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By September 15, 2014 7 Comments Read More →

Sociopaths range from sleazy to serial killer

Lovefraud recently received the following email from a reader whom we’ll call “Jason.”

My best friend of 20 years I believe is a sociopath. It’s very sad because you want to give a person the benefit of the doubt, but after awhile it becomes apparent. He displays all the characteristics of the sociopath. I’m smart, but I can’t convince myself with 100% certainty that he’s a sociopath (maybe most people can’t.) It’s hard to reconcile with it. Is there any advice you can give me?

Yes, Jason. First I’ll give the somewhat easy explanation; then I’ll give the more technical explanation.

Cluster of traits and behaviors

The first thing to understand is that sociopaths are not all the same. This disorder encompasses a cluster of traits and behaviors. Any particular individual can have any of the traits and behaviors to greater or lesser degrees. Therefore, some sociopaths are definitely worse than others. They can range from sleazy to serial killer.

In fact, it’s often the low- to mid-level sociopaths who are most difficult to identify. Maybe they aren’t as grandiose as others. Maybe they sometimes seem to have empathy. Maybe they aren’t always aggressive. So they seem to have many of the negative traits, but not all of them — and you wonder if they really are sociopaths.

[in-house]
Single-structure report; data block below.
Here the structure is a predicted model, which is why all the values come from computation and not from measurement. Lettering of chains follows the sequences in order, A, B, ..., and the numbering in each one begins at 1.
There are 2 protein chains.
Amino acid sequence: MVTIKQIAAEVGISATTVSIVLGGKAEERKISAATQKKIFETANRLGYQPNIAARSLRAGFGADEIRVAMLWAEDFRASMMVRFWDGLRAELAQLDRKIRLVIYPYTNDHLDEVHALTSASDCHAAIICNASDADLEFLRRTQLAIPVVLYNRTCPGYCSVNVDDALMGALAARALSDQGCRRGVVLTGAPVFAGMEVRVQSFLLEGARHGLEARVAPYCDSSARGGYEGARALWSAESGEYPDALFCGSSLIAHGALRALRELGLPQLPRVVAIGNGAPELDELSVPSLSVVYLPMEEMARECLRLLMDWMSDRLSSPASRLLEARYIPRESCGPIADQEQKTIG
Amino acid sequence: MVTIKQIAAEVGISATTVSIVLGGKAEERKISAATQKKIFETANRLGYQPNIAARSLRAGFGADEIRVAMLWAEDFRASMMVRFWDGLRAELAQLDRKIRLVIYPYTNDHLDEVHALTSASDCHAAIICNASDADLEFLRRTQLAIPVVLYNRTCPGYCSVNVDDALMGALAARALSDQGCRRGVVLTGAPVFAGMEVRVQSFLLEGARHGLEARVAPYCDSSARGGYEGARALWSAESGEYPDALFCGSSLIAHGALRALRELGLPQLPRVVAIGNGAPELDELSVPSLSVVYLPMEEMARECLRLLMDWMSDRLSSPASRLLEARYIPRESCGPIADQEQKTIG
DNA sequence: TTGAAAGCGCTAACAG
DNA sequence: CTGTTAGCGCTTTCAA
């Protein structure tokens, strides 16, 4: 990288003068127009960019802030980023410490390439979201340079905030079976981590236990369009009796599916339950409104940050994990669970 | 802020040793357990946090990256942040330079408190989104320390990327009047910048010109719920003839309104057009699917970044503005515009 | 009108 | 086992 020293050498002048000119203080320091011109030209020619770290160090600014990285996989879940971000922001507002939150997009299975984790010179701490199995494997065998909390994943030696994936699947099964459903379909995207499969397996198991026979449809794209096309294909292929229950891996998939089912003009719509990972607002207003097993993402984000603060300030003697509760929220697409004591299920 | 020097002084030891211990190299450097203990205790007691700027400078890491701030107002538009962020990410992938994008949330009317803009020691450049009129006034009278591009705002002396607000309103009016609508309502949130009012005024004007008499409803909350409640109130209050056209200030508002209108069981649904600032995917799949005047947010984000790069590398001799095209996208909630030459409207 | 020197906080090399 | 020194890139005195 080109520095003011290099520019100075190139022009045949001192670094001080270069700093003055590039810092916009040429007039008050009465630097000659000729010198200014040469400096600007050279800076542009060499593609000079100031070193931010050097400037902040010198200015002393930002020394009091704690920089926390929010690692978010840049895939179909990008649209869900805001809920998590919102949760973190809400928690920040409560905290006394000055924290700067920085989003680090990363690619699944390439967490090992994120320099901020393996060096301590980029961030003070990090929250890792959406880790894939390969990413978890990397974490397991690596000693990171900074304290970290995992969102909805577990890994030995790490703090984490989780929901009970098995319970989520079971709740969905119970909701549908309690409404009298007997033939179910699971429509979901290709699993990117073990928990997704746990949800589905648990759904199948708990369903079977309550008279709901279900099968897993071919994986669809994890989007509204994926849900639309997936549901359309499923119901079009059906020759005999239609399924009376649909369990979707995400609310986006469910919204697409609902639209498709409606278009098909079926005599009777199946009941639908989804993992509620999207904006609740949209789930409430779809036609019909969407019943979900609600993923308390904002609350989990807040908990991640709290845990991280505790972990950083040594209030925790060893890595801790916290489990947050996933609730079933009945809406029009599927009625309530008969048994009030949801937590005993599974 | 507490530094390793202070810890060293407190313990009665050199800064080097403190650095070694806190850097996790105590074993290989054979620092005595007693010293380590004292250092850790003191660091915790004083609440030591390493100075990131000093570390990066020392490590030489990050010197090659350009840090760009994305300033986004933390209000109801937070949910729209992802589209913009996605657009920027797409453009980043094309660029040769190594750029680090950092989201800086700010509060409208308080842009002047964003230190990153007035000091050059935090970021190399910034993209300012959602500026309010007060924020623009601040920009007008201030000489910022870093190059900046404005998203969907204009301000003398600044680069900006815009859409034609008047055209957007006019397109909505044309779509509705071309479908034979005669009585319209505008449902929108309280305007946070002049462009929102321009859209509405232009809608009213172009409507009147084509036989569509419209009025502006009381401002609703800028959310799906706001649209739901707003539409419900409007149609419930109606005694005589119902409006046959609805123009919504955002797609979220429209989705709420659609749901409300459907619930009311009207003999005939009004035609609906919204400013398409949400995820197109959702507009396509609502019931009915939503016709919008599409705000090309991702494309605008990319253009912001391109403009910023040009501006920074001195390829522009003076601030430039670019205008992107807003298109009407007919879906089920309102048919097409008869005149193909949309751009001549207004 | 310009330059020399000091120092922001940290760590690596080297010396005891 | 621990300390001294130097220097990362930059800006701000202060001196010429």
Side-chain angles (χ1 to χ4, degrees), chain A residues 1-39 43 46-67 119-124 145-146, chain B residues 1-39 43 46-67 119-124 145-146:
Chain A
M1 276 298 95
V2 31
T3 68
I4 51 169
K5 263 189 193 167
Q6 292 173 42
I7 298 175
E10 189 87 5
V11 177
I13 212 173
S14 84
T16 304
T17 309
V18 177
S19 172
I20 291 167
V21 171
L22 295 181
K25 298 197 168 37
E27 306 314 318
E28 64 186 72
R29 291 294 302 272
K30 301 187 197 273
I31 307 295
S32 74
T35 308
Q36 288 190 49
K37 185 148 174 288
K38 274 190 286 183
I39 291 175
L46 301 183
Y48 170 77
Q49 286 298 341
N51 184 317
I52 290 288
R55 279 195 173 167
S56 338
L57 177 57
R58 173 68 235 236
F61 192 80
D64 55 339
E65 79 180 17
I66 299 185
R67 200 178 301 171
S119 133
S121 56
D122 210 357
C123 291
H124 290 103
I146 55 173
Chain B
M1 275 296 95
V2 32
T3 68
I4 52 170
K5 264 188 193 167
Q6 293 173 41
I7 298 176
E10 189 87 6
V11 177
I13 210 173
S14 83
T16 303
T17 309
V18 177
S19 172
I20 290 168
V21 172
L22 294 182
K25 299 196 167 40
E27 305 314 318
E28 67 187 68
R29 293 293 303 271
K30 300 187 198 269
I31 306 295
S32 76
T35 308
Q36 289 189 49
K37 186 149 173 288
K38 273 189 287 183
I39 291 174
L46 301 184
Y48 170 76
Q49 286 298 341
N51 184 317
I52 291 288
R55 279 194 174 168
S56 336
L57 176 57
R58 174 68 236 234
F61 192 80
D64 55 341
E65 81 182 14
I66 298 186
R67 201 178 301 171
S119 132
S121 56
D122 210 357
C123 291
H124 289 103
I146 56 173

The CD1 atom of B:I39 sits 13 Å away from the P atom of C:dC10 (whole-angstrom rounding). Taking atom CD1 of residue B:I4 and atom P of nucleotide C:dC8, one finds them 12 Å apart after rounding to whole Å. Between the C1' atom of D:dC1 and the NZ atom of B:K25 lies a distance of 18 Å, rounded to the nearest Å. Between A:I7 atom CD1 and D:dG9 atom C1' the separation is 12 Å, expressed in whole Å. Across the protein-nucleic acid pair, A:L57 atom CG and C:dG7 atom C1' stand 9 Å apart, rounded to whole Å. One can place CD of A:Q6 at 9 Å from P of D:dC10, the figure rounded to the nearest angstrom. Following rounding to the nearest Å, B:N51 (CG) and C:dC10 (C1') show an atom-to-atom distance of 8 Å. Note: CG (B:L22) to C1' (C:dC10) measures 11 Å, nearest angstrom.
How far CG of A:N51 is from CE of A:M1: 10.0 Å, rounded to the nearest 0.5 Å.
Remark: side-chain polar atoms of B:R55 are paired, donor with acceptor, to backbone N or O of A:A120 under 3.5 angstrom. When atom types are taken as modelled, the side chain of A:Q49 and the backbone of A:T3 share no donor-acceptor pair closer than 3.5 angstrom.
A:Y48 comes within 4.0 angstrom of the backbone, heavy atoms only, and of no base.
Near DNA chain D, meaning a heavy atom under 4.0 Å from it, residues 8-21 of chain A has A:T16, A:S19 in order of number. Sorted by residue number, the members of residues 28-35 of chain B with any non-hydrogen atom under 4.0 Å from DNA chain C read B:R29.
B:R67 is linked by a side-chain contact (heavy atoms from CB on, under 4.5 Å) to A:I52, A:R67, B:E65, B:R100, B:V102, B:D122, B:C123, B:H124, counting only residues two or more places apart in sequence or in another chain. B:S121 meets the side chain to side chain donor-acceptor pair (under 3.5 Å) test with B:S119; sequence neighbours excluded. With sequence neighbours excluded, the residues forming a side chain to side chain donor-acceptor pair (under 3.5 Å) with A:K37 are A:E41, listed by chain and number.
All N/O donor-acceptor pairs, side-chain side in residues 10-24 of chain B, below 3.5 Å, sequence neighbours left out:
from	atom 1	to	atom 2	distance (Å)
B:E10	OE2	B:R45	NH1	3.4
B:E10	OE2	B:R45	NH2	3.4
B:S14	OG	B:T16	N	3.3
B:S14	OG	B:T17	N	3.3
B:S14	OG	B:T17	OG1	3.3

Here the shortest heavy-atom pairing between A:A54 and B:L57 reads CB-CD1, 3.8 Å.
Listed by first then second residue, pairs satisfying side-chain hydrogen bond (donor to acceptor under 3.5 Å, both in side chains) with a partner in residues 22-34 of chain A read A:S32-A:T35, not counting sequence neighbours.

Professionals do not agree

Making matters even more complicated, mental health professionals do not agree on what to call these disordered individuals, and how they should be diagnosed. In fact, the word “sociopath” is no longer used as a clinical diagnosis.

Lovefraud, however, has proposed using the word “sociopath” as a general umbrella term to describe people who live their lives by exploiting others. This would include people who are clinically diagnosed as having antisocial, narcissistic or borderline personality disorders, or psychopathy.

Read more: Naming the social predators among us.

Psychopathy Checklist Revised

The best way to evaluate someone’s degree of disorder is the Psychopathy Checklist Revised (PCL-R), developed by Dr. Robert Hare. This is a formal evaluation that should only be done by a trained clinician.

The evaluation is based on a set of 20 traits and behaviors. They are:

Antisocial behavior

• Need for stimulation and proneness to boredom
• Parasitic lifestyle
• Poor behavioral control
• Sexual promiscuity
• Lack of realistic long-term goals
• Impulsivity
• Irresponsibility
• Early behavior problems
• Juvenile delinquency
• Parole or probation violations

Emotional/interpersonal traits

• Glibness and superficial charm